Martin and Malcolm and America: A Dream Or a Nightmare
Cone contrasts the ideological visions of these two leaders during the civil rights movement, including how each man saw the future of blacks in America -- "I have a dream" versus "I see a nightmare" -- and how each man viewed the influence of white society on black culture -- from "we must love our white brothers" to "white man's heaven is a black man's hell." He finds surprising similarities, especially over a long period of time, when both King and X developed their philosophies from initial thoughts to full-fledged ideals.
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The inclusion of whites also limited their independence and made them
vulnerable to the nationalist critique that no black revolution can be successful as
long as its leadership is dependent upon white support. Black Nationalism before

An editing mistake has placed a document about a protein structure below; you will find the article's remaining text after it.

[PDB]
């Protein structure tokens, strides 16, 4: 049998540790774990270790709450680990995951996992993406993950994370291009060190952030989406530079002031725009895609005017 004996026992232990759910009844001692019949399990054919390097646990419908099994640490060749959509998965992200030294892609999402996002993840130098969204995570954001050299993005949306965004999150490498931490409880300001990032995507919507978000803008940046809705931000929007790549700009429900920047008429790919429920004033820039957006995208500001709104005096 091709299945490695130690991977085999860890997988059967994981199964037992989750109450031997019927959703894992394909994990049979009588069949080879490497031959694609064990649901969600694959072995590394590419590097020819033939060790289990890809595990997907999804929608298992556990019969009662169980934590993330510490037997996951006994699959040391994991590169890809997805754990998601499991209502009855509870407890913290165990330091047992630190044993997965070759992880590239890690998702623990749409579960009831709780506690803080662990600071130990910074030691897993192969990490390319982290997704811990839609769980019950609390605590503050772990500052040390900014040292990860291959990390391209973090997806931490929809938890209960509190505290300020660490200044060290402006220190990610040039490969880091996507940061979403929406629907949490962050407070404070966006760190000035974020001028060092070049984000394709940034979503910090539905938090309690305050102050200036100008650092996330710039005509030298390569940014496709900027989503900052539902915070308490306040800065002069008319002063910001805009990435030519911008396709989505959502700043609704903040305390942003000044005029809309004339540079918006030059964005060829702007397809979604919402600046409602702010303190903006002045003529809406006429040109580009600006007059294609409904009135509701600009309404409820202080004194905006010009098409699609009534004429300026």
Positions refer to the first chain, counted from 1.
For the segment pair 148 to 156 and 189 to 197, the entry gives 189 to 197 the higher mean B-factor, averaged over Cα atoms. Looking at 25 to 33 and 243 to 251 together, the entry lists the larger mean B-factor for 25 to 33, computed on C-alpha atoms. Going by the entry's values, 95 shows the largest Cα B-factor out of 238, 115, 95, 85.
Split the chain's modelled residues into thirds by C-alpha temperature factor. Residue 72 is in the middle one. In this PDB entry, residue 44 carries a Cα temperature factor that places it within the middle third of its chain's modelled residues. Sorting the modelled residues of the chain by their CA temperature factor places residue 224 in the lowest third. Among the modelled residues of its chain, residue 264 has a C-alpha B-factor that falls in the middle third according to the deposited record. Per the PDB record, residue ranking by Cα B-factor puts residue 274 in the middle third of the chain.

Muslim minister" following a black nationalist line of action. "I don't believe in
fighting today on any one front but on all fronts," he continued. "In fact, I am a
black nationalist freedom fighter."34 Using language similar to his "Grass Roots"
As orthodox Islam challenged his theology of race, his African experience caused
him to rethink his politics of black nationalism. Malcolm met many revolutionaries
who "to all appearances" were white. His strong talk on black nationalism, ...
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LibraryThing ReviewUser Review - morningrob - LibraryThing
I was very disappointed by this book. As this is considered a classic, I expected a better argument from Cone. However, I cannot in any agree with his thesis that these two leaders generally came ... Read full review
A Dream or a Nightmare?
The Making of a Dreamer 192955
The Making of a Bad Nigger 192552
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Containment Culture: American Narratives, Postmodernism, and the Atomic Age
Limited preview - 1995